The Curse Of Paterson

David Smith

Ballan, Australia

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The Patersons Curse looks very pretty at this time of the year but below are some of the problems it produces !

Paterson’s curse

Paterson’s curse is considered a great resource for apiarists but is toxic to most grazing animals and is Australia’s worst broadleaf temperate pasture weed.
The problem
Biological control
The problem
Paterson’s curse, Echium plantagineum (known as Salvation Jane in South Australia) is an introduced winter annual from the Mediterranean. Free of native Mediterranean plant and insect communities, it has become a dominant pasture weed of temperate Australia.

In Australia Paterson’s curse produces over 10 000 seeds by late spring which sit dormant over summer waiting for rain when they germinate in their thousands.

The seedlings grow quickly and develop a large taproot making them resistant to drought. Seedlings form a flat rosette, out-competing other germinating plant species.

Paterson’s curse can completely dominate a paddock resulting in the endless fields of purple often seen in spring each year.

Although relatively nutritious in terms of digestible nutrients, and valued as a pasture plant in some places, Paterson’s curse contains pyrrolizidine alkaloids that are poisonous to livestock as they can:

destroy the liver
reduce weight gain and wool clip
lead to death in severe cases.
In 1985, Paterson’s curse was estimated to occur on over 30 million hectares in Australia, and in 2002 costing the wool and meat industries A$125 million each year.

In spring 90 per cent of pasture can be Paterson’s curse producing over 30 000 seeds per square metre.

Paterson’s curse was first suggested as a candidate for biocontrol at the Australian Weeds Council in 1971. CSIRO Entomology started surveys in the weed’s native range in 1972 from the CSIRO laboratories in Montpellier, France.

From over a hundred insect species recorded on Paterson’s curse, eight were selected as possible biocontrol agents. The first was imported into Canberra quarantine by 1979.

In 1980 a small group of graziers and apiarists lodged an injunction in the Supreme Court of South Australia to stop the biocontrol program. They considered the loss of Paterson’s curse a threat to their livelihoods.

The Biological Control Act of 1984 established procedures for assessing and authorising biological control programs in Australia.

A subsequent inquiry and benefit-cost analysis was conducted by the Industries Assistance Commission, which concluded with the judgement that a biological control program on Echium should go ahead. The Supreme Court injunction was eventually lifted and the importation of insects into Australia resumed.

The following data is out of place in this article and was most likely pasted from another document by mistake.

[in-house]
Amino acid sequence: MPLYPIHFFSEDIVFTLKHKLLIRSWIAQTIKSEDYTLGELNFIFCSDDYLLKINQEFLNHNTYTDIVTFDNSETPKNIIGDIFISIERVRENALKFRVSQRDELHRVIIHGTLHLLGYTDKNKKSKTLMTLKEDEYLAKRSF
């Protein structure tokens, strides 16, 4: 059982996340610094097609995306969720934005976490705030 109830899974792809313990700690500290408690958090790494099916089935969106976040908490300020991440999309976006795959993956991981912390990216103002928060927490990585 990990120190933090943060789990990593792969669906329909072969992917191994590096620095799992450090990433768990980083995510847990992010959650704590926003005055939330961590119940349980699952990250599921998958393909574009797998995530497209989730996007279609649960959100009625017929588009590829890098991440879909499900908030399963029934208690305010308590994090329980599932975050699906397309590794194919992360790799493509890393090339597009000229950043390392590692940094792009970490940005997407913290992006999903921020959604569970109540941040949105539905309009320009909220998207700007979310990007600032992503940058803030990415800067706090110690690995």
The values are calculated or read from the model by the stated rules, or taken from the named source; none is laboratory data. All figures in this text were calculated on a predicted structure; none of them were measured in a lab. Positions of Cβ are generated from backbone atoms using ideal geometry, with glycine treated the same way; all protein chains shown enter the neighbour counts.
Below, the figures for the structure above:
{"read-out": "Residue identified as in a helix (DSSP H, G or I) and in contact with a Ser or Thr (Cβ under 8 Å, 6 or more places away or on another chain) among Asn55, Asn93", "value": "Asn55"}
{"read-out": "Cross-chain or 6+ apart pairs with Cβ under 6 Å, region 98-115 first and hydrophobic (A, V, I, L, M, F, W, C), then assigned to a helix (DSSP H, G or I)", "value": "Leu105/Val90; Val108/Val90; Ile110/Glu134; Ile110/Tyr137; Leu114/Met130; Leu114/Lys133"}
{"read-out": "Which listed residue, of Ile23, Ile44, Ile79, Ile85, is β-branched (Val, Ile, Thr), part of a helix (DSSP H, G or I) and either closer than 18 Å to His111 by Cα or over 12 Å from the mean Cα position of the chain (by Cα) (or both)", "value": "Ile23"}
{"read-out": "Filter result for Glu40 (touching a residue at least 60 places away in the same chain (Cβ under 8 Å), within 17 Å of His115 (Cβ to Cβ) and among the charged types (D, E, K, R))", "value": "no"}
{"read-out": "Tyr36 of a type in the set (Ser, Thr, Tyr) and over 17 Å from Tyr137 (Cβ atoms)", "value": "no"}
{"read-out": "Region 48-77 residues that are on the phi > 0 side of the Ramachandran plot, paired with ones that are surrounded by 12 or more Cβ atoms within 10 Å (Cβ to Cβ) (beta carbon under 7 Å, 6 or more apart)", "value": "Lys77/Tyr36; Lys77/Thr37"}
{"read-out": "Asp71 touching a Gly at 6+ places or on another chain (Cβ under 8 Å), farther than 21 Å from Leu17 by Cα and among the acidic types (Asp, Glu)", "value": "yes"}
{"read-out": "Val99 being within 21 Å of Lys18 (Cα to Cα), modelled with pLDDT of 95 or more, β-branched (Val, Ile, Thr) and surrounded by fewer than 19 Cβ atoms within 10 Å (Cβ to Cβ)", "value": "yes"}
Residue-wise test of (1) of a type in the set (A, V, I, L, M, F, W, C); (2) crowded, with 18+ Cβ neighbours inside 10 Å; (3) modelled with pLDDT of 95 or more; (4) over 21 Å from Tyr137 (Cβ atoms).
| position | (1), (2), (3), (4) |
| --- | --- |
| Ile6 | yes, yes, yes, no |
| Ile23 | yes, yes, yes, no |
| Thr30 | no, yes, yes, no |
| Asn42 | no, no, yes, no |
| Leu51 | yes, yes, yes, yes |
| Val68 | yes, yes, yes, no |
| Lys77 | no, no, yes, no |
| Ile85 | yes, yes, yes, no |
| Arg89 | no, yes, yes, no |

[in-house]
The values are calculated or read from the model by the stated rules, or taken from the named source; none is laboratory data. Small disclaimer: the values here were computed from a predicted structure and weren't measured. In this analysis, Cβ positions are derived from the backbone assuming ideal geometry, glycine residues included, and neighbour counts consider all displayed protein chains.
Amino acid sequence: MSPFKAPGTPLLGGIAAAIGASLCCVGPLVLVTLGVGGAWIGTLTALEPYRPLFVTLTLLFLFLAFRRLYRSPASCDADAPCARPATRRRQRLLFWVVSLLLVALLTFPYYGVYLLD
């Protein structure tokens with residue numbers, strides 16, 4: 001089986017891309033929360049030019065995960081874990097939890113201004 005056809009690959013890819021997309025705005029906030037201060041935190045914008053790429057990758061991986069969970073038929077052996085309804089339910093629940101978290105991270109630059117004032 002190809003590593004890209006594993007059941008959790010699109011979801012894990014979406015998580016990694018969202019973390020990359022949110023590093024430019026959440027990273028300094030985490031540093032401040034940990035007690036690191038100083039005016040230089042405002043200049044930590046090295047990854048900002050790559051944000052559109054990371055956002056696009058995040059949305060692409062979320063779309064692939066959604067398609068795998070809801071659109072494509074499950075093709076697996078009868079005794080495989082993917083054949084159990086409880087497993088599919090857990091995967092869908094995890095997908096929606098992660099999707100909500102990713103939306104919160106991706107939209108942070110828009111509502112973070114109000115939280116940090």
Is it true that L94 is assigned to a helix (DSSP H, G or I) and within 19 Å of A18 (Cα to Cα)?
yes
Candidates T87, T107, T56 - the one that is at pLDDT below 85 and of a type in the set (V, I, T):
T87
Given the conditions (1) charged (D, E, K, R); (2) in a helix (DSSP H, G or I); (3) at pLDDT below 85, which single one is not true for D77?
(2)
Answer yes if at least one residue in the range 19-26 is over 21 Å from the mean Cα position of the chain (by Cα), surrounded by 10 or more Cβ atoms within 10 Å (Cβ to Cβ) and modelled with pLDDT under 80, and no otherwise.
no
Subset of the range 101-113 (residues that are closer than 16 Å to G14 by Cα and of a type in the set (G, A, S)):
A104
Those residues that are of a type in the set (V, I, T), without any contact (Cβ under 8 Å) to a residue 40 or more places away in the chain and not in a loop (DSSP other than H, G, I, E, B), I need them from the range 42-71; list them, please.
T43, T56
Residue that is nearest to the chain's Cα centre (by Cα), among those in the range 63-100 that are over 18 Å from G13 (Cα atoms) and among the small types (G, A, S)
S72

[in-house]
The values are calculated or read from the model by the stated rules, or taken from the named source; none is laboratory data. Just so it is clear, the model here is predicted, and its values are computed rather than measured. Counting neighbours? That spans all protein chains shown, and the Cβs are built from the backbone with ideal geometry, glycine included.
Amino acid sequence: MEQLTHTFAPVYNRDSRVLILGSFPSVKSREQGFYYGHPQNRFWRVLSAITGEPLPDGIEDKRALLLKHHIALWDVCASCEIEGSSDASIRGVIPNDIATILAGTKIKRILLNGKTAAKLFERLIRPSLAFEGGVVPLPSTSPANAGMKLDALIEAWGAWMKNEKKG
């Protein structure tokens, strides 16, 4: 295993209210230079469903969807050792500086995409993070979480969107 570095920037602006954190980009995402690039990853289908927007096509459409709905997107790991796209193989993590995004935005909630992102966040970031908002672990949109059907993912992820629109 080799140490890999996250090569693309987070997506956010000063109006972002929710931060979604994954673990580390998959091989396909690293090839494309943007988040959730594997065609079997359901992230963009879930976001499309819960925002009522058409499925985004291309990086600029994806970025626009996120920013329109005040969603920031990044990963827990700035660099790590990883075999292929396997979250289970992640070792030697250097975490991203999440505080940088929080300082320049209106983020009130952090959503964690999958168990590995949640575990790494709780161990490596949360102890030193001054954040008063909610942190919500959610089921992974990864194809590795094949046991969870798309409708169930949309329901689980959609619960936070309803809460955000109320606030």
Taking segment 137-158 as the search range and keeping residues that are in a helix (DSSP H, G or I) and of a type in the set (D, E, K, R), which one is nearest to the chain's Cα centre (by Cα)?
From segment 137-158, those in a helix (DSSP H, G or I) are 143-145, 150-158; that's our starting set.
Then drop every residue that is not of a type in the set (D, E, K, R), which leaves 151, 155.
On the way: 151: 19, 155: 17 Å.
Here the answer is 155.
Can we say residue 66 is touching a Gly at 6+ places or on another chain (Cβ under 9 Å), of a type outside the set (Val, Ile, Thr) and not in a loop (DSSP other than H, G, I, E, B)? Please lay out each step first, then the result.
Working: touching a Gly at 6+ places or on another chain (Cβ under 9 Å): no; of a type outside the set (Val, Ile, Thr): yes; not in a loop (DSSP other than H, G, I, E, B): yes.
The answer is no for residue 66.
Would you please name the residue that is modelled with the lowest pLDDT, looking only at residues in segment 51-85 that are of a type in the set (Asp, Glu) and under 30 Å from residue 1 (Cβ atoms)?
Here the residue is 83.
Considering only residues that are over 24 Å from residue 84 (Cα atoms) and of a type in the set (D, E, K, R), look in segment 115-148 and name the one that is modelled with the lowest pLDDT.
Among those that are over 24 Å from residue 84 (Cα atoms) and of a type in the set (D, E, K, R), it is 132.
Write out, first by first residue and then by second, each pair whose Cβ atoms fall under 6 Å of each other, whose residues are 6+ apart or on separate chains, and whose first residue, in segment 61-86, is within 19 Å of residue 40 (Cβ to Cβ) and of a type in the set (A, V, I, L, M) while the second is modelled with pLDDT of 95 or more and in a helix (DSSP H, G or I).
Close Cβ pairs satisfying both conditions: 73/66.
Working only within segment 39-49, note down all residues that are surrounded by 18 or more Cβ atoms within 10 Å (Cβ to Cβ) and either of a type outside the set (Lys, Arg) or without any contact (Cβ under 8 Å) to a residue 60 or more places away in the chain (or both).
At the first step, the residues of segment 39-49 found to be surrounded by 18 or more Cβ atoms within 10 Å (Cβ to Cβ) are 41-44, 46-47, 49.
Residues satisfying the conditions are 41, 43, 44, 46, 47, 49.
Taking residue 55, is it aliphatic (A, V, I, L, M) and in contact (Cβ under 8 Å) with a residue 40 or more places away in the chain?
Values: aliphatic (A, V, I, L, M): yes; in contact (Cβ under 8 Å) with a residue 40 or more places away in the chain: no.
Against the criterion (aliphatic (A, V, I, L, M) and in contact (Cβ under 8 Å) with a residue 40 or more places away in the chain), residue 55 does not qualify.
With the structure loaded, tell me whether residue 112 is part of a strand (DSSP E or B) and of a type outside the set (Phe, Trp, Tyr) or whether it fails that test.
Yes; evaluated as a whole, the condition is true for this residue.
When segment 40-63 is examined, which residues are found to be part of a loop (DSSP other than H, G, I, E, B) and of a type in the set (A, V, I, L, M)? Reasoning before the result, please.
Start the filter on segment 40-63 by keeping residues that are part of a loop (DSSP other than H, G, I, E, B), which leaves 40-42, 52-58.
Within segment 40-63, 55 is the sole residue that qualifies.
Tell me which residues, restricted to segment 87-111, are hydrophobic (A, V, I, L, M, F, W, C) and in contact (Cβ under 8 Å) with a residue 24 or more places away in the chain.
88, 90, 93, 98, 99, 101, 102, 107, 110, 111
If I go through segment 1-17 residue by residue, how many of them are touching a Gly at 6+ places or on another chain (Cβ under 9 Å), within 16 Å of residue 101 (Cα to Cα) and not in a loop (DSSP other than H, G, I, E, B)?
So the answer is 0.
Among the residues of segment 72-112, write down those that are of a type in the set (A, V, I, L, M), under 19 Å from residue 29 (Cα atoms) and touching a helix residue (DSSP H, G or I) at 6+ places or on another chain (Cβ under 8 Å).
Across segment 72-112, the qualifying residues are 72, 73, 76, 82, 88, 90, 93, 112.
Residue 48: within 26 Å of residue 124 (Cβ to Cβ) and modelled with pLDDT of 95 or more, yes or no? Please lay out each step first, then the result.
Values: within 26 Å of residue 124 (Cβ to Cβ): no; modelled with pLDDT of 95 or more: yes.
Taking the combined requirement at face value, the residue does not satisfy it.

Six agents have now been successfully released:

leaf mining moth, Dialectica scalariella
crown weevil, Mogulones larvatus
root weevil, Mogulones geographicus
root beetle, Longitarsus echii
stem boring beetle, Phytoecia coerulescens
pollen beetle, Meligethes planiusculus.
Biological control
The six agents are spreading across the weed’s distribution.

The leaf-mining moth was first released in 1988 and is widely established although providing little impact.

The crown weevil was first released in 1990 and is currently the most damaging agent, often killing the weed outright on a farm scale at a number of sites in New South Wales, Victoria and South Australia.

The root weevil and flea beetle are both established in all southern mainland states. The flea beetle is starting to kill Paterson’s curse before it can flower at some sites in New South Wales and Victoria.

The flower beetle and stem-boring beetle are also established in all southern mainland states, but at this stage are not reducing the seed set of Paterson’s curse.

The four most promising insects are the focus of a nation-wide redistribution program.

The crown weevil is most effective in high rainfall low grazing pressure situations.
The root weevil tolerates drier regions and since it feeds in the taproot below ground also performs better in more heavily grazed pasture.
The flea beetle is the best insect for heavy grazing and extended summer/autumn drought conditions and can survive under ground for six months without feeding.
The pollen beetle complements the damage of the root feeders by destroying seeds directly in spring and does best in regions of extended flowering, typically regions of higher rainfall.

Taken near Deniliquin NSW Australia

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